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Psychiatr Serv. 2007 Jan;58(1):114-20.

Criminal records of persons served in the public mental health system.

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  • 1Department of Health Policy and Management, Columbia University, 600 W. 168th St., 6th Floor, New York, NY 10032, USA.



The authors examined the frequency and severity of arrests of persons served by Medicaid as well as public mental health treatment patterns before and after arrest.


A random sample of 6,624 persons was drawn from claims of the public mental health system in Los Angeles County between July 1993 and June 2001. Clients' claims were matched to criminal justice records from 1991 to 2001. Cross-tabulations and logistic regression analyses were used to examine the likelihood and seriousness of criminal involvement, as well as clients' involvement in mental health treatment around the time of the arrest.


Twenty-four percent of the sample had at least one arrest over the ten-year period. Sixty-two percent of arrested individuals had as their most serious offense a nonviolent crime. Half of all observed arrests did not lead to conviction. There was no statistical difference in the total treatment services received between arrested and not-arrested individuals. Among those arrested, there was only a small difference in the likelihood of receiving treatment services before and after arrest.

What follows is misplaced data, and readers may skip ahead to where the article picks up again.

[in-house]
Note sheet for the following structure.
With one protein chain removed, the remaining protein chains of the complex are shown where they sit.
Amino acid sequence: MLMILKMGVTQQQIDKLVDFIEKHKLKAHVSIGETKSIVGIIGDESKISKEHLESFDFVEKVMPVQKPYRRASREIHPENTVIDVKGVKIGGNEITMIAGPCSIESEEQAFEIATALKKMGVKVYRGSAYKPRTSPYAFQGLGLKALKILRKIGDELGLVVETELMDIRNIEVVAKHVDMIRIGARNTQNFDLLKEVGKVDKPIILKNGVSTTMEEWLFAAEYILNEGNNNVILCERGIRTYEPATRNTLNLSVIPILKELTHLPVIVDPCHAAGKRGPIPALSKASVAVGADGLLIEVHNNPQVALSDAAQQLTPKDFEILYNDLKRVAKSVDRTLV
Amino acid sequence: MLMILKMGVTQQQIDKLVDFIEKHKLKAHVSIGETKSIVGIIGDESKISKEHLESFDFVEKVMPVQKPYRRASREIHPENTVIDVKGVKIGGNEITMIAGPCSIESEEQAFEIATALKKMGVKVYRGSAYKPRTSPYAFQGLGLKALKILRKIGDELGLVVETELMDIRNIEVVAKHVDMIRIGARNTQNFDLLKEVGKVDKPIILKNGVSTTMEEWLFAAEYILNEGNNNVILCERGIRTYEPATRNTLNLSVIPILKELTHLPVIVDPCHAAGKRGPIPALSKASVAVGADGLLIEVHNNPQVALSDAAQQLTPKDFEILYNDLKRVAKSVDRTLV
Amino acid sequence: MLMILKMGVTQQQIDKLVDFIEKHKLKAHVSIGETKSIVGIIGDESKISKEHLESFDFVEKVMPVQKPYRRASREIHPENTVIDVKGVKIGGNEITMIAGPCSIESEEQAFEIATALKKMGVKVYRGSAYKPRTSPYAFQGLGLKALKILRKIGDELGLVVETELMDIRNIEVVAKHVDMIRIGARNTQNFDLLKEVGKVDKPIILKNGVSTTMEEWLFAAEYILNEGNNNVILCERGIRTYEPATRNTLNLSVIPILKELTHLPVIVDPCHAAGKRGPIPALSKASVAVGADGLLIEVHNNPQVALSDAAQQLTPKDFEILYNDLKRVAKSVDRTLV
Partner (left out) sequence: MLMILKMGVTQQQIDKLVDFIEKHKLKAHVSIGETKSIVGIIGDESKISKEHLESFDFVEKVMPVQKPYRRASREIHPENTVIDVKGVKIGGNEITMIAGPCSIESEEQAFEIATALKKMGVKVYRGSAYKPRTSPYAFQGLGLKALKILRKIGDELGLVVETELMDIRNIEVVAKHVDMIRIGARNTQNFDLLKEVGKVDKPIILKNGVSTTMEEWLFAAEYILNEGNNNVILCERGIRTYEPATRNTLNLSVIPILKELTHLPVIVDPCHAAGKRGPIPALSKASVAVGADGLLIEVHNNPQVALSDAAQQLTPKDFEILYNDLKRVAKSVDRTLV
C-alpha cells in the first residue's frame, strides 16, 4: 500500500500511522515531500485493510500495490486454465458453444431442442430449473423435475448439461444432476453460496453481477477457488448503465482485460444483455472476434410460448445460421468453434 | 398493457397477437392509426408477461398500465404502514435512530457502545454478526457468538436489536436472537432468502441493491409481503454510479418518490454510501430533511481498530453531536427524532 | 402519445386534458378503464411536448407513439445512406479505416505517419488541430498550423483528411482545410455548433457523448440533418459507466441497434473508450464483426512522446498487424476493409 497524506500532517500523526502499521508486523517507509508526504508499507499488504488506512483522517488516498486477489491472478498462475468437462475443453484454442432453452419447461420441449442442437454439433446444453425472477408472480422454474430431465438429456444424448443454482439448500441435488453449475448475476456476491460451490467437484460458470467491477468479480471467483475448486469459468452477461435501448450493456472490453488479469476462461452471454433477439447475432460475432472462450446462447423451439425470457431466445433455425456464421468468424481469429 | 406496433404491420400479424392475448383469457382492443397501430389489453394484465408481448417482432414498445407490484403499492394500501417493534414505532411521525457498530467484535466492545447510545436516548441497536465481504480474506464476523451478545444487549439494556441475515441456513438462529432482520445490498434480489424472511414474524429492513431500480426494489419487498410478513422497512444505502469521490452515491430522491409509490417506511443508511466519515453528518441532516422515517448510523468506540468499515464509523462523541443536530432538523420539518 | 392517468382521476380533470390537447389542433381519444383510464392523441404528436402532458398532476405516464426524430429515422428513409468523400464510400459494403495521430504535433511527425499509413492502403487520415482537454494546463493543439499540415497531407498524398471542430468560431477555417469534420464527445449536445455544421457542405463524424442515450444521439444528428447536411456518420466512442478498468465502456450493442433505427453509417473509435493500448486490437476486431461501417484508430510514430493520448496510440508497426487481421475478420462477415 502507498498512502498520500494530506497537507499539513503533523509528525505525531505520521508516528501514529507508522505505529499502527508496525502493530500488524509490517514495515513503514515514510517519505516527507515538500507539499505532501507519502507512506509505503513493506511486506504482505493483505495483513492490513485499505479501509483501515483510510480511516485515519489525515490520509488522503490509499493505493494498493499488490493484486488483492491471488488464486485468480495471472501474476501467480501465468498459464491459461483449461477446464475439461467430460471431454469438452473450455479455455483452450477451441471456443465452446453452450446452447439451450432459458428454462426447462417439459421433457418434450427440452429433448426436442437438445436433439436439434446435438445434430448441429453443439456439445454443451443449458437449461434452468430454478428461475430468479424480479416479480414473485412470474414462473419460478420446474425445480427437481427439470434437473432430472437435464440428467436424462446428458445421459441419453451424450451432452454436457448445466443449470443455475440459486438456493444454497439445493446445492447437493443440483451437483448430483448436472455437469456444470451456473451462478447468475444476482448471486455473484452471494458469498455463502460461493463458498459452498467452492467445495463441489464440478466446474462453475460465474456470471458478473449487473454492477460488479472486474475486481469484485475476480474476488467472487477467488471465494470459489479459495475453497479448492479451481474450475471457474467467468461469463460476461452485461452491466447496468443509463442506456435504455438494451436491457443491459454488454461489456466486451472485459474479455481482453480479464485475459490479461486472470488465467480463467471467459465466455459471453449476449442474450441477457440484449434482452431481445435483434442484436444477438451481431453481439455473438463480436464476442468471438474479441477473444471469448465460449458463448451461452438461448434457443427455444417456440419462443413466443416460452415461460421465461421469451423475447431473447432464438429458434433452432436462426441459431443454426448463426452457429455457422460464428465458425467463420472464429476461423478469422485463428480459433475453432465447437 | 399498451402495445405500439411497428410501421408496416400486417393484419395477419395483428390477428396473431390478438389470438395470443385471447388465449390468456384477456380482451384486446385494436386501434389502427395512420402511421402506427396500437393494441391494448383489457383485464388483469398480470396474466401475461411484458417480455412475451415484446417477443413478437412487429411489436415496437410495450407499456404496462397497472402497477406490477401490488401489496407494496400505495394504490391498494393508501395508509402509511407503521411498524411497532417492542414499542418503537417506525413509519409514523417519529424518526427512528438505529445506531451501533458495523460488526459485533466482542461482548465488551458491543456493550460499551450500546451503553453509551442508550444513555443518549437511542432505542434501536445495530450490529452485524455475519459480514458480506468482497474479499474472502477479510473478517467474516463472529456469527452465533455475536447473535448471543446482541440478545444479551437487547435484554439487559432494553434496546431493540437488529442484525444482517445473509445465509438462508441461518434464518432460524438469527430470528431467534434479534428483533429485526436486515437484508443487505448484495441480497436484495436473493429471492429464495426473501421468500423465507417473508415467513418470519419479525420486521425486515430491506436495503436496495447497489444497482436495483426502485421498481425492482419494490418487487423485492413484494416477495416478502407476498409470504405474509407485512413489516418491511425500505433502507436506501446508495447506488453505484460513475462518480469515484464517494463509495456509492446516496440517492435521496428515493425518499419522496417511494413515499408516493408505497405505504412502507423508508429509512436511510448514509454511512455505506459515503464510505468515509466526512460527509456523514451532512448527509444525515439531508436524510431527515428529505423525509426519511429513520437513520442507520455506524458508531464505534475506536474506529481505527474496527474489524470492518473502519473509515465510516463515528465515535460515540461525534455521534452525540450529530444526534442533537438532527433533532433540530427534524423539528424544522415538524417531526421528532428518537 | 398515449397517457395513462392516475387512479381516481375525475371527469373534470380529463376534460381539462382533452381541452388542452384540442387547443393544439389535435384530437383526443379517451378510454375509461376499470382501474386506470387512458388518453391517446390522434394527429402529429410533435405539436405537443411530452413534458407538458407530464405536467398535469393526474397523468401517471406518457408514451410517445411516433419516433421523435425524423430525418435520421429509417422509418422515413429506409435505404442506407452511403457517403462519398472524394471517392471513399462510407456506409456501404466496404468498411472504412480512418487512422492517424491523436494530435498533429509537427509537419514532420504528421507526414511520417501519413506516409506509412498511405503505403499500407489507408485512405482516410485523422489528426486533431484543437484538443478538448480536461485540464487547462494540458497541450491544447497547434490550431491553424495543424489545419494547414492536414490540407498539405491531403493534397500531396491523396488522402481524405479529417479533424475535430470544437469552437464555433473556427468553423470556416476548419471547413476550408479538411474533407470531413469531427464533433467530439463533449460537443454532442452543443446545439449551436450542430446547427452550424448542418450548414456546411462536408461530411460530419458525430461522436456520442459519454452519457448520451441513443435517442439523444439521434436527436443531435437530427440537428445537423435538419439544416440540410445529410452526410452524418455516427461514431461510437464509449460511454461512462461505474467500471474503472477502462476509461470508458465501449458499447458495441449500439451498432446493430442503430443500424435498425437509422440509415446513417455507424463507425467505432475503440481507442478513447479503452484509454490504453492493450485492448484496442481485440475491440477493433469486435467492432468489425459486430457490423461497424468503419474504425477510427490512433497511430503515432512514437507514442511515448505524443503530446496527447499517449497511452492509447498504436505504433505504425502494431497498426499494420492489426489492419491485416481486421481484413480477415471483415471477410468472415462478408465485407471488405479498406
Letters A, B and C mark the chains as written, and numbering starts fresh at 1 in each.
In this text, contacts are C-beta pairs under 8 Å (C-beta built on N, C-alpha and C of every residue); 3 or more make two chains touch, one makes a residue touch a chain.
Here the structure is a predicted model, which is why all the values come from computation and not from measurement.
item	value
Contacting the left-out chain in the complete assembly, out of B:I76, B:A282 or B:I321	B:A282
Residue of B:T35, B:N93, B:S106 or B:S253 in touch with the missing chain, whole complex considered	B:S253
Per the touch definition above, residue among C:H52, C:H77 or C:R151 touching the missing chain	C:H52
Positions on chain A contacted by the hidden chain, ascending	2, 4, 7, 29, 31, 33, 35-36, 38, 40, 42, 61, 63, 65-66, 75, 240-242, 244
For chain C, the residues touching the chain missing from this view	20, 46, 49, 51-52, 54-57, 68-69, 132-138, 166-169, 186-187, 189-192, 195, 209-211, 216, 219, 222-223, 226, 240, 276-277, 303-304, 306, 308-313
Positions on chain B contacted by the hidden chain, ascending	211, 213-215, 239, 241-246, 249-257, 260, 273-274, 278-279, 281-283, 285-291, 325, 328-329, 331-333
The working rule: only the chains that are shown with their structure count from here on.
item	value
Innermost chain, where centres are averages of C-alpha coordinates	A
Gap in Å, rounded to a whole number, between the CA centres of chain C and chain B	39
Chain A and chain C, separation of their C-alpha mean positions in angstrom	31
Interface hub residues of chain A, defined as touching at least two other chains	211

Almost a quarter of persons with serious mental illness were arrested at least once over ten years. More than one-third of these individuals were arrested for violent crimes, with drug crimes the second most common category. The seriousness of the offense varied with diagnosis. Arrest was not associated with meaningful increases in service use, pointing to potential missed opportunities for treatment.

[PubMed - indexed for MEDLINE]
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